GLENDALE, Colo. – No two clubs in the country have shown the amount of exponential growth on the pitch over the past few years as the finalists of the 2017 USA Rugby Women’s Division I Club National Championship. One only has to look back to 2015 when both the Life West Gladiatrix and Raleigh Venom were competing at the D2 level. Now, the teams are only days away from playing for women’s club rugby’s top prize at Infinity Park in Glendale Saturday, June 3.
The 2017 Women’s Division I National Championship match between Life West and Raleigh will kick off at 5 p.m. MT and be shown live on The Rugby Channel.
The Gladiatrix will be the only team at the June 3-4 USA Rugby Emirates Airline Club National Championships that is returning to Infinity Park from the 2016 Championship weekend. Just as the men of Life West made the jump to Division I after winning a Division II title in 2015, last year’s National Championship win over Wisconsin Rugby prompted the Gladiatrix to test themselves in D1.
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Even with this year’s jump to D1, however, postseason results have looked similar to last year’s run to the D2 title. Playoff wins a season ago came by an average of 76 points per contest, while this year Life West has been nearly as dominant, downing its postseason foes by nearly 64 points per match.
“We know that many score lines have flattered us this season, but they don’t often take into account the times we have been placed under pressure by teams within games,” said Life West Director of Rugby Adriaan Ferris. “We have learned from those in-game incidents and believe we are well prepared for what is to come on Saturday. We are very conscious of not letting complacency creep into our preparation and game and we know what is at stake – we know the challenge ahead of us. Raleigh won’t simply hand the game to us on a platter. We have to earn the win by our efforts and performance.”
Spectators will be quick to point to the host of Eagles on the Gladiatrix roster as an explanation for their rapid rise to rugby stardom. However, some of Life West’s lesser-known players have played just as vital of a role in bringing home the team’s first National Championship 12 months ago, and why they are 80 minutes away from back-to-back titles.
Aubrey Huey, Morgan Rovetti, and Mele Taumoefolau have been as consistent as any member of the forward pack that boasts four internationals. In the backs, center Halo Deters and scrum half Nikki Kenyon have been every bit as dangerous as their Eagle teammates in the back line.
Raleigh’s climb to the top of club rugby was not quite the overnight success of its National Championship opponent. From 2005 to 2011 the Venom won four National Championships – in Division II. It was not until the completion of the 2015 season that saw Raleigh post a 9-1 regular season record out of the Mid-Atlantic did Raleigh officially set its sights on Division I competition. The club outdid itself in its first year of D1 ball by playing undefeated footy before losing in the National Semifinals to Chicago North Shore. In year two playing in Division I, Raleigh did not stumble in the Semifinals. Instead, the Venom avenged two April losses to Northern Virginia by topping their conference rival, 18-10.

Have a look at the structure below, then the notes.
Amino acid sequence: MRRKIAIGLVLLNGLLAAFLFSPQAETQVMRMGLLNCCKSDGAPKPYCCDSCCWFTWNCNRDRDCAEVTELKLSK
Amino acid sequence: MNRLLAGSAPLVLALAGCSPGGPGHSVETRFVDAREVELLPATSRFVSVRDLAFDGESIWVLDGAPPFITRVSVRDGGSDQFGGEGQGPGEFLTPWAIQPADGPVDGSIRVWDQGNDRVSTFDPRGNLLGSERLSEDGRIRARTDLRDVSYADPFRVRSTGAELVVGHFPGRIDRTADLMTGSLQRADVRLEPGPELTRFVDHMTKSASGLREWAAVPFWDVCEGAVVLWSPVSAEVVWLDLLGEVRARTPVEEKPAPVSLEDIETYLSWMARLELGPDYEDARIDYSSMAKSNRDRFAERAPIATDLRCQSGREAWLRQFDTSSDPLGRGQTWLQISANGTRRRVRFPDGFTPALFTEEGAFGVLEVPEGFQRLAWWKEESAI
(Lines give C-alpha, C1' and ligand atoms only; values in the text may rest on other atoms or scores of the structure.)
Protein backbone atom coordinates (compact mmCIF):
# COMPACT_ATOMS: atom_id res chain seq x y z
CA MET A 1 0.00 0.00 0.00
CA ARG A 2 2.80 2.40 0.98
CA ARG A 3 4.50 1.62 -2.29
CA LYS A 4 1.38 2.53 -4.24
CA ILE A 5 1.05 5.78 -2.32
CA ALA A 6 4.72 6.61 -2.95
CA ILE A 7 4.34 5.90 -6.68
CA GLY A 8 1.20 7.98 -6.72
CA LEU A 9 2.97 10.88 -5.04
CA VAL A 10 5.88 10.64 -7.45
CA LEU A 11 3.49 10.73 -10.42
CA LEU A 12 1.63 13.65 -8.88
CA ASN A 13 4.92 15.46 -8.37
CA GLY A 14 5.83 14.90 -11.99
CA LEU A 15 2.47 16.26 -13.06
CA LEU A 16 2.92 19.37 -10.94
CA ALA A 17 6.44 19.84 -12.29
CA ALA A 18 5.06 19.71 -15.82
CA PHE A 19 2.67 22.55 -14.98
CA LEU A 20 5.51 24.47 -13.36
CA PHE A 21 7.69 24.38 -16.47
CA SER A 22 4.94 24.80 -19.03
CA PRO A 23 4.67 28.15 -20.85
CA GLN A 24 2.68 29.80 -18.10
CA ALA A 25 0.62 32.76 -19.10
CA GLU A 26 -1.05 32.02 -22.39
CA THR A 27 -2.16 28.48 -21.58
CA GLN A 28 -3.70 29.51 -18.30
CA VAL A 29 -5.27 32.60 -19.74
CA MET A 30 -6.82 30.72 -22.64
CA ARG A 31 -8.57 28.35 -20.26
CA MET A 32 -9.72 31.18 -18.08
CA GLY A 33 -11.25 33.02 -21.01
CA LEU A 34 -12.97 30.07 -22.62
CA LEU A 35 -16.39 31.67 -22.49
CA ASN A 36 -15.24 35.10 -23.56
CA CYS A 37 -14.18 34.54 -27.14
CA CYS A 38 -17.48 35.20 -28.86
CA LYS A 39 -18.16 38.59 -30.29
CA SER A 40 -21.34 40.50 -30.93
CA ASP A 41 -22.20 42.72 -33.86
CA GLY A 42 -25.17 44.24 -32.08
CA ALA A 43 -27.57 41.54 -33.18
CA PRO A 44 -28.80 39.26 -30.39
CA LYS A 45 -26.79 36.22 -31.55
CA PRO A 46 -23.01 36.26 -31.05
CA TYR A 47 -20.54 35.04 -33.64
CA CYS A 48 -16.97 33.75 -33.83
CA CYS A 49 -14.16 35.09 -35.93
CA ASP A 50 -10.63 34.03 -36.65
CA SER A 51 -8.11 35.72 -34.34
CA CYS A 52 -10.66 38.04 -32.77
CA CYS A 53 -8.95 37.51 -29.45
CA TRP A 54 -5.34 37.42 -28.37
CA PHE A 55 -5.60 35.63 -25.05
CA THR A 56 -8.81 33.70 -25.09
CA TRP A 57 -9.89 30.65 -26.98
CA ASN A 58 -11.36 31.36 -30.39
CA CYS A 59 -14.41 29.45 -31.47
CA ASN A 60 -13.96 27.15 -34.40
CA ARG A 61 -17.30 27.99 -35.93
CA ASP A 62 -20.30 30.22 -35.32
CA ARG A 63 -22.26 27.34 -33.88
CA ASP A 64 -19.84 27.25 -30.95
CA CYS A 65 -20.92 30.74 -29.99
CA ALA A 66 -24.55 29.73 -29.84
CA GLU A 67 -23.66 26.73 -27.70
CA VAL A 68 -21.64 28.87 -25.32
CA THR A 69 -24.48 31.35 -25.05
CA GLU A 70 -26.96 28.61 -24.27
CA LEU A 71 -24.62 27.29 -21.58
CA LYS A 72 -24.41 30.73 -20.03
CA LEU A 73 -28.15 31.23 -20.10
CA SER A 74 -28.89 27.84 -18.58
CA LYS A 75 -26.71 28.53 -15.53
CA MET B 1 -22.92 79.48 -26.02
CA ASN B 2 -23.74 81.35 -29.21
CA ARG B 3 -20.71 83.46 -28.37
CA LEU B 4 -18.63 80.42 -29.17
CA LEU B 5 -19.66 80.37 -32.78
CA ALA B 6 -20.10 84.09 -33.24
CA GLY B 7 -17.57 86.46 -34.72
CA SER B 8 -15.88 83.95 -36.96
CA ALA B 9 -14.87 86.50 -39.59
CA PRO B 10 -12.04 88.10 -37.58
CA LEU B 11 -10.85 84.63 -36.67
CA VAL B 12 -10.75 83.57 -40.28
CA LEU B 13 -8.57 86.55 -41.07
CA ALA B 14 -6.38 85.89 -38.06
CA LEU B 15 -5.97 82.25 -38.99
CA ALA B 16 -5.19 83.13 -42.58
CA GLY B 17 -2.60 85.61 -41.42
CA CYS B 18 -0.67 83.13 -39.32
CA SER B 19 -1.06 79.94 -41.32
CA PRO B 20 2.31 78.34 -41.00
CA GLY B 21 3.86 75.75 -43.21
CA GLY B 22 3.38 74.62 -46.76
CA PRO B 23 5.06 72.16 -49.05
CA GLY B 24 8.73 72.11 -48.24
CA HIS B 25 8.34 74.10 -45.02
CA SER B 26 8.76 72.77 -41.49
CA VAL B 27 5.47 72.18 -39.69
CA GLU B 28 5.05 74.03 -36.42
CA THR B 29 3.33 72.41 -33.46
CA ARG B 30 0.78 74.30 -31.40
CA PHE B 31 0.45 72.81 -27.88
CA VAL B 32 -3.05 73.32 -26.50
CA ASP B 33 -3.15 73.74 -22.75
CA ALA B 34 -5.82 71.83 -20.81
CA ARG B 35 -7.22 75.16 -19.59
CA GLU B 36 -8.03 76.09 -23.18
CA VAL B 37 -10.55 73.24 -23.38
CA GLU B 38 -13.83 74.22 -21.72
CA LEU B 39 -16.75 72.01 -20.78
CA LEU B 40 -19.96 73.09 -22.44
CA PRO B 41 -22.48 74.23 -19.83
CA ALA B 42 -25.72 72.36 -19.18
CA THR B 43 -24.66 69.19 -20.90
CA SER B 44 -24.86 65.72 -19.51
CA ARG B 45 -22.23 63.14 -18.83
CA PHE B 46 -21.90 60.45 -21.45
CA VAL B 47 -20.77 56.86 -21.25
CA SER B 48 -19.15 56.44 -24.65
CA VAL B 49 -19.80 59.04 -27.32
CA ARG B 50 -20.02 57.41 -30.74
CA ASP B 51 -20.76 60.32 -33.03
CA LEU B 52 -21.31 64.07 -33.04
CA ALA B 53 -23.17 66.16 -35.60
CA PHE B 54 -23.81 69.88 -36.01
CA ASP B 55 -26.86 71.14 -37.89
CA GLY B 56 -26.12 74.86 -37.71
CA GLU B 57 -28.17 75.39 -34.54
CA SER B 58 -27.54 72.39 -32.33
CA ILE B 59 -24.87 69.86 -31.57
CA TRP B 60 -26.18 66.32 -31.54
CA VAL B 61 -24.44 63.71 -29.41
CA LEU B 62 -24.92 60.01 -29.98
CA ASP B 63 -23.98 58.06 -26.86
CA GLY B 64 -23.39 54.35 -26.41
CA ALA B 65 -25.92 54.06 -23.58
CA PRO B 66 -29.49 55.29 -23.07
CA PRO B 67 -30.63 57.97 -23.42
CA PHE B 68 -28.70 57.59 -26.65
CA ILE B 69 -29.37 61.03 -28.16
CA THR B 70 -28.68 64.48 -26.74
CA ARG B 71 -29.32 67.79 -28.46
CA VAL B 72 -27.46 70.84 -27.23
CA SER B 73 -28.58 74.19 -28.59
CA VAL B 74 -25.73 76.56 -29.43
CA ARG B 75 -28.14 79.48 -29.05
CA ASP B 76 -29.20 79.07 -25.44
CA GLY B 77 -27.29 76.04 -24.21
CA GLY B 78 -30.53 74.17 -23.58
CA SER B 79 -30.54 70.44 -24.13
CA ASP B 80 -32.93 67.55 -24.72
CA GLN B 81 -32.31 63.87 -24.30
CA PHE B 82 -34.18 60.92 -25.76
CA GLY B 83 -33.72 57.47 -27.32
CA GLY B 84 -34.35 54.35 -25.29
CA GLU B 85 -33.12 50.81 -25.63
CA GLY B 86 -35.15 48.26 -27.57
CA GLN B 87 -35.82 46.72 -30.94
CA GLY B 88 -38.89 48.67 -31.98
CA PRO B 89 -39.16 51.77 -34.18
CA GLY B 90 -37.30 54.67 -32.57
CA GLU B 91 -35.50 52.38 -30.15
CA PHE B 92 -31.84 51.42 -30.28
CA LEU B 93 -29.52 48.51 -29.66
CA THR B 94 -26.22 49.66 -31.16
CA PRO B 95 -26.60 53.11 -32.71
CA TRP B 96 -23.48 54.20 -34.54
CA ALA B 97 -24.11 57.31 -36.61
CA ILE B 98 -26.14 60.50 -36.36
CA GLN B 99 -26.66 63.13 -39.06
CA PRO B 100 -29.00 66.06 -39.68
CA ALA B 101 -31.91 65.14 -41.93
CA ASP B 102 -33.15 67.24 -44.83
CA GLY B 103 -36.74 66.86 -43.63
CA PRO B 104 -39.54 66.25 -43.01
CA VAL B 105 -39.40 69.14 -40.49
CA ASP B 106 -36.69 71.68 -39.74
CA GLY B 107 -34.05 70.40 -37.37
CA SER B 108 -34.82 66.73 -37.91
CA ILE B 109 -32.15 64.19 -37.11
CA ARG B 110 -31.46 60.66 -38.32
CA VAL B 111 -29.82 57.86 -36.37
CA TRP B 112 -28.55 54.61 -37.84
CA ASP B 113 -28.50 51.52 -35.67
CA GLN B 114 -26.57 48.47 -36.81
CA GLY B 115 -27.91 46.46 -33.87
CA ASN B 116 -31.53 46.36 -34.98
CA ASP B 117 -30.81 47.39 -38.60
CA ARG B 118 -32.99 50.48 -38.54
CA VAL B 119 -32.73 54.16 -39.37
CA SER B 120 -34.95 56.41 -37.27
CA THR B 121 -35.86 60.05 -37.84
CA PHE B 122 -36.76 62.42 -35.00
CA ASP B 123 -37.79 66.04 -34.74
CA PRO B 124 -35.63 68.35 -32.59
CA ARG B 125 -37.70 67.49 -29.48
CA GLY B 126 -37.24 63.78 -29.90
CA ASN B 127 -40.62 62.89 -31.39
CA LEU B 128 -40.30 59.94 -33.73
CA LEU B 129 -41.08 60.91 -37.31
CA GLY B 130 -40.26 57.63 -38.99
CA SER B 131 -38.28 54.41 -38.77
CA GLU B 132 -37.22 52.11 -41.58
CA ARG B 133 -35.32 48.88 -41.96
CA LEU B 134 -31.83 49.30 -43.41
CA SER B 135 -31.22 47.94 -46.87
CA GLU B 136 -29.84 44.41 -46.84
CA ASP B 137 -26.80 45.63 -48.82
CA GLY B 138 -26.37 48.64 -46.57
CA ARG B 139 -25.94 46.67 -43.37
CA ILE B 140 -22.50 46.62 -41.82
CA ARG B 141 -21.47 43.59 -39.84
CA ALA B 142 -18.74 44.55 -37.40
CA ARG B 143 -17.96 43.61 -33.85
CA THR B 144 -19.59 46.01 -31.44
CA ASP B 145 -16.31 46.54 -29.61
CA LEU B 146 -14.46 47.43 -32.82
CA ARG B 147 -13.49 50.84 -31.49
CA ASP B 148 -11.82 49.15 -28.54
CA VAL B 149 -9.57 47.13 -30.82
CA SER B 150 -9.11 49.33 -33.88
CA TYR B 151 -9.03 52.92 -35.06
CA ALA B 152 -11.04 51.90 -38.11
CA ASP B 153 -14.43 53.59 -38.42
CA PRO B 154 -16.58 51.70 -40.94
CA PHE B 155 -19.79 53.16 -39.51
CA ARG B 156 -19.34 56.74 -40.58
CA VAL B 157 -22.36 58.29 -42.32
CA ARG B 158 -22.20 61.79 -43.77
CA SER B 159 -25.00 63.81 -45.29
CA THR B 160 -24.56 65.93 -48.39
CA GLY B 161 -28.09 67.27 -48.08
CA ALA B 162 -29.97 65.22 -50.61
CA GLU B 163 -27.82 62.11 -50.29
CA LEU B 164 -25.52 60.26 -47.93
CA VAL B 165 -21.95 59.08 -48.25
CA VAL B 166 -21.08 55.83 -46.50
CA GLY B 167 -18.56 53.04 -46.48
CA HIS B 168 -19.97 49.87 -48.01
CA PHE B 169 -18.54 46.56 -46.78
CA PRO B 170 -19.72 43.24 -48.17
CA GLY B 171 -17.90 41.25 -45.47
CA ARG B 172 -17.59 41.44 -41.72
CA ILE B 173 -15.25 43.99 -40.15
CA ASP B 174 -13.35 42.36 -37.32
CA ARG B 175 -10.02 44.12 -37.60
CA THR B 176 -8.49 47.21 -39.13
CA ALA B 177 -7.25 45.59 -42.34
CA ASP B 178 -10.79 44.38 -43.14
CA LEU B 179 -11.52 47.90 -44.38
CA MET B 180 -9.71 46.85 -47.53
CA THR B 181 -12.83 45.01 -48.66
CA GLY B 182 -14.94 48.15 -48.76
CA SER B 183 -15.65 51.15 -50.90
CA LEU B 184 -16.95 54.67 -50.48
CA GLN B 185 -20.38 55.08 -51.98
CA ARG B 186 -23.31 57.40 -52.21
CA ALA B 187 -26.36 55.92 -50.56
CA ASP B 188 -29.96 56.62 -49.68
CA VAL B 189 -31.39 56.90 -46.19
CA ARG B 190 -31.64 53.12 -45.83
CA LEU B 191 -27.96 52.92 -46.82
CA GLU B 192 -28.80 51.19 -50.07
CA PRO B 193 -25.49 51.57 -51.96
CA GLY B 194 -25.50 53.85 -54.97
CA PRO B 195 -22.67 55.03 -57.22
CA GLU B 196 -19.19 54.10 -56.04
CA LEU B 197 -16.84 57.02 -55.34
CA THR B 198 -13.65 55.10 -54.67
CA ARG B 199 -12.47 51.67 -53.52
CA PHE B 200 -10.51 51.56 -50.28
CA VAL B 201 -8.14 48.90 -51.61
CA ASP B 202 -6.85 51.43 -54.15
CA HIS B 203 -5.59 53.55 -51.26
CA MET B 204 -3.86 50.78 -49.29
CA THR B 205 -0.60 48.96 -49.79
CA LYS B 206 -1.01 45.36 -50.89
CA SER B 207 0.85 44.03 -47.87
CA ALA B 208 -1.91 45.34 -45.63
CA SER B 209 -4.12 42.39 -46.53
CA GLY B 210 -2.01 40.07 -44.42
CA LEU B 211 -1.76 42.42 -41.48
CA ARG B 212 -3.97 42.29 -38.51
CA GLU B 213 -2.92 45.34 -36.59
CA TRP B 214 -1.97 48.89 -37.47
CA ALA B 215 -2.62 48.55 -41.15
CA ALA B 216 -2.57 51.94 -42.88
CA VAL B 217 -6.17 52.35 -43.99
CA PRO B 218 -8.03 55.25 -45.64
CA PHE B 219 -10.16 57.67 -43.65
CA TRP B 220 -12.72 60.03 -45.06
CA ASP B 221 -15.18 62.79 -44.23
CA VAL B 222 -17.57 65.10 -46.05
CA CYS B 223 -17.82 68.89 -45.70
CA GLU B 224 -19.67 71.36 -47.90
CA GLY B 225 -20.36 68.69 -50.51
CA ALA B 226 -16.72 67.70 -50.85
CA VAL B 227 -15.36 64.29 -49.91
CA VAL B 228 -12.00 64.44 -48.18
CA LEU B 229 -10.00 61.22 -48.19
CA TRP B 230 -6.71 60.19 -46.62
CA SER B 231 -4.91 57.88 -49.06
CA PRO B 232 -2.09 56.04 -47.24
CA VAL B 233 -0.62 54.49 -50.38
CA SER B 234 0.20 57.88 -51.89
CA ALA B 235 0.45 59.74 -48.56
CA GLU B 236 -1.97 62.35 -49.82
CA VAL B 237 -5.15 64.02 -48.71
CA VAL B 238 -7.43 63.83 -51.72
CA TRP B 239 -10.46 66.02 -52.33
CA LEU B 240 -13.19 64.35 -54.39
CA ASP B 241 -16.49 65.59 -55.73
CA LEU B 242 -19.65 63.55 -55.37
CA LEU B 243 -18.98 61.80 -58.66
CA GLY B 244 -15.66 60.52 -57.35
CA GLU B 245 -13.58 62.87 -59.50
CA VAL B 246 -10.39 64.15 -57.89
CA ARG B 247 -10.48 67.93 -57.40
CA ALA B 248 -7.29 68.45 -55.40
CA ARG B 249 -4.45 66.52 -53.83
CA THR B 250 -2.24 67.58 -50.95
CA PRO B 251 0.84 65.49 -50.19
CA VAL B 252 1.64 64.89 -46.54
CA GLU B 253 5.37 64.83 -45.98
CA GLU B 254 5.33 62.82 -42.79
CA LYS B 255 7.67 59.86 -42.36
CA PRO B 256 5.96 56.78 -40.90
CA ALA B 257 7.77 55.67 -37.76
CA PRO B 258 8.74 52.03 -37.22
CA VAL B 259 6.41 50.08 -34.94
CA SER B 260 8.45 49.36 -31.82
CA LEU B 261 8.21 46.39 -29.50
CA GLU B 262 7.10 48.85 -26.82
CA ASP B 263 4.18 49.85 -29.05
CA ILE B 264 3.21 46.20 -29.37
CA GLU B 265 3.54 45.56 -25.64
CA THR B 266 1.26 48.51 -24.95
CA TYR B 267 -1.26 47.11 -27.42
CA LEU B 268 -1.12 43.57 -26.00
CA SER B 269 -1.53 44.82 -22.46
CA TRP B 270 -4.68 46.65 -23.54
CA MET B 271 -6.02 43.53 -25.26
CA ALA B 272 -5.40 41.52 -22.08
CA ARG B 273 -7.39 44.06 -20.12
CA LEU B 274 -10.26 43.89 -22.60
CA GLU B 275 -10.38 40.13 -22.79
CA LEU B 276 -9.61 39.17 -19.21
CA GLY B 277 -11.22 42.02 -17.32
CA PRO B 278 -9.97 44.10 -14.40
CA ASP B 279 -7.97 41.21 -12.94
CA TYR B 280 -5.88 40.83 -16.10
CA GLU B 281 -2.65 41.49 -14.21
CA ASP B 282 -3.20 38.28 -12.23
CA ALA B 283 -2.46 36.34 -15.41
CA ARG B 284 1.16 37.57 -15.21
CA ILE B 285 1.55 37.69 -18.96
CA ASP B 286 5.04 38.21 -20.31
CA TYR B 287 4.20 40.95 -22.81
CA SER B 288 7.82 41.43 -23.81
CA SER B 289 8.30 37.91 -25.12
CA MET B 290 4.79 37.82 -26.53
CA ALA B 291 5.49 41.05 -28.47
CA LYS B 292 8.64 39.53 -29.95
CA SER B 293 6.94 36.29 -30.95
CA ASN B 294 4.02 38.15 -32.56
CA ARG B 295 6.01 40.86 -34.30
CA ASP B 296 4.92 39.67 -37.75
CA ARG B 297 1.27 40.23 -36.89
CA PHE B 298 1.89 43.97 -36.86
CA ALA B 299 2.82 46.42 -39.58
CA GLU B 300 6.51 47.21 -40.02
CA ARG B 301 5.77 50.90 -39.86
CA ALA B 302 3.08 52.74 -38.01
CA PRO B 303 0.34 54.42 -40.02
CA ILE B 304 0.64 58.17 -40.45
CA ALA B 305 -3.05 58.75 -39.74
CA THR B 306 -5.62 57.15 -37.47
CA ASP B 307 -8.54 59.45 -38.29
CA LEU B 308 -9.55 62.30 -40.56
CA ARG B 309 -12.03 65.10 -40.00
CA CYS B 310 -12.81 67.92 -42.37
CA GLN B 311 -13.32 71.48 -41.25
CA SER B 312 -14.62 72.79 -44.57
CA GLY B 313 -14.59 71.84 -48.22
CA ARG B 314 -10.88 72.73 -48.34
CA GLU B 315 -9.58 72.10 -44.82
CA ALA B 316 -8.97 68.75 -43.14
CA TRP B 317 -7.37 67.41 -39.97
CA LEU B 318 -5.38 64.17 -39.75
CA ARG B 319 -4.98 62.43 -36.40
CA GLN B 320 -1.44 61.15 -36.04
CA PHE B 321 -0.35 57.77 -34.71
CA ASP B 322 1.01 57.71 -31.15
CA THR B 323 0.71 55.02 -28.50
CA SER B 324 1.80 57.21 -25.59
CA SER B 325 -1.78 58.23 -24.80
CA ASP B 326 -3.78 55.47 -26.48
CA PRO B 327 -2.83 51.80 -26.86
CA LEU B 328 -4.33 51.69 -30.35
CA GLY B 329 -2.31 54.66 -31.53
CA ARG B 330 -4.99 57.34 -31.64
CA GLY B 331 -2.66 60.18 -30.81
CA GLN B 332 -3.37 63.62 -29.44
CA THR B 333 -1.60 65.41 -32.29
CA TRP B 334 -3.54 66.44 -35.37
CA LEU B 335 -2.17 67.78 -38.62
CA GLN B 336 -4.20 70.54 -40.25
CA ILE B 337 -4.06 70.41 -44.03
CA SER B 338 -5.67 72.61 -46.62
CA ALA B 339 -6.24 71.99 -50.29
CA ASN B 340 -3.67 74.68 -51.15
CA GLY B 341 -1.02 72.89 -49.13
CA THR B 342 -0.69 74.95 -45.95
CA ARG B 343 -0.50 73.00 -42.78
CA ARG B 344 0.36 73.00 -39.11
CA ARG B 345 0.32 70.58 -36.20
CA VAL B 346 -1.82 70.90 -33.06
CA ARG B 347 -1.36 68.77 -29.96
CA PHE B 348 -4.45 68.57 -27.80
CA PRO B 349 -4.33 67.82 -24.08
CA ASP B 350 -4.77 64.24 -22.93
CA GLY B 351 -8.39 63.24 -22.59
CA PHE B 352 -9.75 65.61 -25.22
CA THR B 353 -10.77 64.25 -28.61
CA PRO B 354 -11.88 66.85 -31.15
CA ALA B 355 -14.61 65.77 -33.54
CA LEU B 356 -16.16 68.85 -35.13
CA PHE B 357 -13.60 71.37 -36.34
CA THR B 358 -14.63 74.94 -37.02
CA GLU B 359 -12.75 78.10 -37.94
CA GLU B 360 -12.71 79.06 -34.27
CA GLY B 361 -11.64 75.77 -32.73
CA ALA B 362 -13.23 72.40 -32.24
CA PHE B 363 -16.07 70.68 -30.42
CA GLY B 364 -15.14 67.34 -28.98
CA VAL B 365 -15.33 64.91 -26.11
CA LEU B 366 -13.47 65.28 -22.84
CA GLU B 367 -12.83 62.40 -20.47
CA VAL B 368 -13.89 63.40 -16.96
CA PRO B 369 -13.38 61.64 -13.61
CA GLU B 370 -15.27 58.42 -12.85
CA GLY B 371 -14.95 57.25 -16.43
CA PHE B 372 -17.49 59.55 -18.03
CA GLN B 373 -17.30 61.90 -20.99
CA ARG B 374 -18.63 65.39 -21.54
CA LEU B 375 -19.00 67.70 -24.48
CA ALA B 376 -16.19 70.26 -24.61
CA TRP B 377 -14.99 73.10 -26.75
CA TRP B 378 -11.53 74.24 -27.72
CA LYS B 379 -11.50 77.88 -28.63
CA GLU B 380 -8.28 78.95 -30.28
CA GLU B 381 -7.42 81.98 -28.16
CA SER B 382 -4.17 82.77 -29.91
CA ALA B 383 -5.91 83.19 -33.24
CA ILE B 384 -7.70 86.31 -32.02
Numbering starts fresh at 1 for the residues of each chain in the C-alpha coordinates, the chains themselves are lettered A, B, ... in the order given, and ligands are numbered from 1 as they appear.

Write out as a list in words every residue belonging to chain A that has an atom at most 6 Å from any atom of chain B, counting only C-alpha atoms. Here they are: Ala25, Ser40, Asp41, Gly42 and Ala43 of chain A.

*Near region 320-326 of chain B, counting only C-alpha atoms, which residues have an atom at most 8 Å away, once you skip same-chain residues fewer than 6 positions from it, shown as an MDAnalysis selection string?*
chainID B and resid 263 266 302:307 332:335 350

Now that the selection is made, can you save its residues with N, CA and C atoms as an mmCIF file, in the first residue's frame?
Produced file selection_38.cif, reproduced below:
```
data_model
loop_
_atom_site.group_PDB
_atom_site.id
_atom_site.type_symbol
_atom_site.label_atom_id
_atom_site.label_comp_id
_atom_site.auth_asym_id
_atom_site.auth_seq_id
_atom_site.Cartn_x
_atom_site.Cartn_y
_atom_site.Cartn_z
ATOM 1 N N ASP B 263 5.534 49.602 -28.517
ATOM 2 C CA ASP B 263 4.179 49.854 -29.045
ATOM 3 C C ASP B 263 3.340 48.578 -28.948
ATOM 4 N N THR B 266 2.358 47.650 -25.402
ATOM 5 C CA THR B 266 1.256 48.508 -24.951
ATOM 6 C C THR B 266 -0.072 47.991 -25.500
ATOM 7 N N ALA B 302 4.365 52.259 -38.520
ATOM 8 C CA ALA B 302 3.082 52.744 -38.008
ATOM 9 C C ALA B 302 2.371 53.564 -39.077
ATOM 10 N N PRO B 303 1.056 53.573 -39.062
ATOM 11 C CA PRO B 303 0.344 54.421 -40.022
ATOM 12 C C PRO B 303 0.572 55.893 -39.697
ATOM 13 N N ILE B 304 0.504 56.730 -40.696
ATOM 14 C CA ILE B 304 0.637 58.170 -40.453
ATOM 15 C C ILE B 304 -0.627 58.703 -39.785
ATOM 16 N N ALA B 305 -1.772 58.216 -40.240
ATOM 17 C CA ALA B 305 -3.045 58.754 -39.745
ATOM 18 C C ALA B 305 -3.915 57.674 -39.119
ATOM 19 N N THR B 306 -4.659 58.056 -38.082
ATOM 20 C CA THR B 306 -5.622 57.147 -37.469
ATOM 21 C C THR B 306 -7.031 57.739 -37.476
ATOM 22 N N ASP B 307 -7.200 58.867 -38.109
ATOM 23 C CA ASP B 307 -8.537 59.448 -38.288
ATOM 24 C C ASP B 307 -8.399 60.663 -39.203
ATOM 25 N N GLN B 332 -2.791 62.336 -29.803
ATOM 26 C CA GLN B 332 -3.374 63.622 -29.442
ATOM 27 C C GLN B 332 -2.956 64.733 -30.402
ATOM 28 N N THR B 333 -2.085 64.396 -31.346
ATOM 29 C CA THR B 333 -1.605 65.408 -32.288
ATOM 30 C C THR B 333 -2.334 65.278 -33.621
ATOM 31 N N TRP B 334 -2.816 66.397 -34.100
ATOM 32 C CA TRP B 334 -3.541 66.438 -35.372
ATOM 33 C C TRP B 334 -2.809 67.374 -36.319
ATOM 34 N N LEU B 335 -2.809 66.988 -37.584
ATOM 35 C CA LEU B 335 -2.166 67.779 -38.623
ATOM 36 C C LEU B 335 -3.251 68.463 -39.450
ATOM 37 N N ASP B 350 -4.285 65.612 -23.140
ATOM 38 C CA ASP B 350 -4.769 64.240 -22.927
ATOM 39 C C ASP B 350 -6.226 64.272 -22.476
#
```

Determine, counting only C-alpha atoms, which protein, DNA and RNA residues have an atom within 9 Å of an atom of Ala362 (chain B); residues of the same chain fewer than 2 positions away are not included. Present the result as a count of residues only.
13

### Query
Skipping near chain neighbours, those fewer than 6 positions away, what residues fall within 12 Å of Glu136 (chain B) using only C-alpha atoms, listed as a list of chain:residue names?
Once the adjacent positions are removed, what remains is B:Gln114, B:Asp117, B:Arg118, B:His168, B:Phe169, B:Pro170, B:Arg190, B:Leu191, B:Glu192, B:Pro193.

“We knew we went away from our structures and left the door open for a good team like NOVA to take those matches,” Raleigh Assistant Coach Neil Pietila said of the pair of losses leading up to the National Playoffs. “Facing NOVA in the Semifinal was about getting the players’ buy-in and executing what we do each week in practice. They were all in with everyone putting out max work rate, and we came out on top when it mattered.”
There is a lot of muscle throughout Life West’s lineup, which may just suit a Raleigh side that prides itself on speed and fitness. The Gladiatrix are not likely to leave too many gaps for the Venom to run through, but if Raleigh can use its team speed to exploit the space its forwards create, then the team from North Carolina should find success.
“Our strength is getting on the front foot through our forwards and then playing a wide or a tactical kicking game from our back three,” Pietila described. “We are very good at spotting space and getting the ball in the right places.”
A big reason why the Venom can shift the ball so quickly to the outer channels is the play of their Nos. 9 and 10. Scrum half Tonya Fletcher and fly half Chelsea Garber work extremely well together and drive the team’s attack. If the ball does not make it out wide, it is probably because standout inside center Jen Larrimore broke free from the midfield.
Defensively, Raleigh has taken note of Life West’s offloading abilities and are focused at meeting the Gladiatrix’s strong runners rather than wait for them.
“Life West has some great players and a handful of Eagles,” noted Pietila. “They are fantastic runners and the way they keep the ball available is impressive. I think if we find ourselves catching them on defense they will easily find gaps and put points on the board.”
Although Raleigh is proud of the work it has put in to be just as fit as any opponent it faces, the Gladiatrix seem to think the Venom will be just as much of a threat in the set piece and in the tackle area.
“We know Raleigh will be a totally different challenge to what we have faced all season,” Ferris reiterated. “They have the ability to bull us around the field if we let them and they have the ability to prevent our attack from operating well if we do not challenge them.”